2014 wasn’t exactly a dull year for the university – York has frequently made local news for issues like campus crime and the ongoing construction of its subway line. But, of course, none of these events could be expected to excite the editor-in-chief who based her university decision on the exportation of the Middle-East conflict to campus. SAIA’s revocation and an entire winter semester without their protests has Khandaker declaring a crisis in the lack of student activism, making it a front page cover story, using the Palestinian flag to illustrate that story, informing readers that “SAIA has a point”, and complaining that she wants “more to write about”. Whew. Without SAIA, there is apparently no lifeblood to this dead campus.
Excalibur’s Obsession with Students Against Israeli Apartheid
In 2014, the Excalibur published more cover stories, more articles, and more featured quotes about SAIA and its representatives than all of the 400+ student clubs on campus. Combined.
None of these articles were explanatory; not one offers a critical analysis of SAIA’s platform.
This is important because although SAIA hides its radical agenda under euphemistic human-rights rhetoric, its true intentions are to destroy the state of Israel. The SAIA website states that one of its goals is “ending the occupation and colonization of all Arab lands”. By framing Israel as a colonizer, it is implied that Jews have no legitimate connection to the land. Moreover, if Zionism itself is deemed intrinsically wrong ? as suggested by the “Zionism isREAL racism” sign outside SAIA’s York office? then Israel is actually “occupied Palestine” and there is no legitimate Jewish state.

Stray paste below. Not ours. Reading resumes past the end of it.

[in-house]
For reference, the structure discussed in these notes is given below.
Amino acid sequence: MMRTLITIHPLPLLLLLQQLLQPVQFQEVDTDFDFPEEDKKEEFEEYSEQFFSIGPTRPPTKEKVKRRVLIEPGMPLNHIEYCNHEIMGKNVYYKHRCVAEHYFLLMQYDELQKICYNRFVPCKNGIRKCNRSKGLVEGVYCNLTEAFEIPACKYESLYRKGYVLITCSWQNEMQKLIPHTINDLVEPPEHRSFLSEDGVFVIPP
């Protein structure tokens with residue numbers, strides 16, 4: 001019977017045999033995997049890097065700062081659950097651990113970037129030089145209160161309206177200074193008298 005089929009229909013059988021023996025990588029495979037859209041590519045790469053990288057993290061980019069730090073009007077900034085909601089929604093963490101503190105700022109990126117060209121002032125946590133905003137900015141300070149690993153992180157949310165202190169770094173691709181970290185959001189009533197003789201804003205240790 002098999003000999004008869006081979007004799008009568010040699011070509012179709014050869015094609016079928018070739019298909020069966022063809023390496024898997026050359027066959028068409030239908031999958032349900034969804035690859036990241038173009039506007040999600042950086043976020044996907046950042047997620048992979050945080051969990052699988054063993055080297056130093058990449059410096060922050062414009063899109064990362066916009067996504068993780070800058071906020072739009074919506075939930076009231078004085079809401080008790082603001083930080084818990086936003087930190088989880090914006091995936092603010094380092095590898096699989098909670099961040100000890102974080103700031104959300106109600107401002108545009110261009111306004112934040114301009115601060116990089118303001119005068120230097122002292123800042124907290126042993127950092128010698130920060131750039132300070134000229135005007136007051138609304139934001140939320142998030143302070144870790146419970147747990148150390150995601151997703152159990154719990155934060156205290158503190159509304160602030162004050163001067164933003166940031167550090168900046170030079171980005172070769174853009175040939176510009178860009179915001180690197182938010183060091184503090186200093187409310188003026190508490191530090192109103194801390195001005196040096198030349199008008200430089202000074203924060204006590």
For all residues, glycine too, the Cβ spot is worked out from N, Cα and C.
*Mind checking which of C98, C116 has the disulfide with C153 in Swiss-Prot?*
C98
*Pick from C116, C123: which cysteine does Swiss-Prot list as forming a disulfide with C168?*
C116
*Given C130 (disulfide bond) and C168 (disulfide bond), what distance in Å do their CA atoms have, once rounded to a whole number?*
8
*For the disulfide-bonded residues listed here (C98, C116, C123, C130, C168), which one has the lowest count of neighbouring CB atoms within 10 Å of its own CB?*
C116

This is not dialogue; this is not pro-peace. It is a genocidal, unilateral ideology. Remarkably, not even one of Excalibur’s articles gives readers this information. When facts don’t fit the narrative, they are discarded.
When the SAIA group staged Israel Apartheid Week (IAW) in March, arts editor Abul Malik wrote an op-ed in their defense, telling readers that IAW is important not necessarily for what it’s promoting but because it symbolizes the “the open discourse of ideas”. This endorsement is extremely misleading. First, it paints pro-Israel students who oppose the ideology and tactics of Israel Apartheid Week as enemies of free speech instead of the other legitimate voice in this supposed “dialogue”. Second, Malik lauds the Israel Apartheid movement as an example of how to engage in controversial discussions “without … knee jerk name calling and vicious repartee”, which is a gross misrepresentation of the racist and anti-Semitic hate crimes that have characterized IAW movements on campuses like the University of California, Los Angeles.
Other examples of Excalibur’s political advocacy on behalf of SAIA abound. This is from the month of November 2014 alone:
When undercover security officers were spotted at a SAIA-staged protest, Excalibur made it into a cover page story framed around SAIA member Aysha Syed’s assertion that “it has become normal for any kind of critical expression to be met with intimidation from security”. (Predictably, Excalibur did not mention the events that might have necessitated the precautionary security measures, such as the involvement of SAIA members in the 2009 barricading of Jewish students in the Hillel offices that resulted in police being called to campus).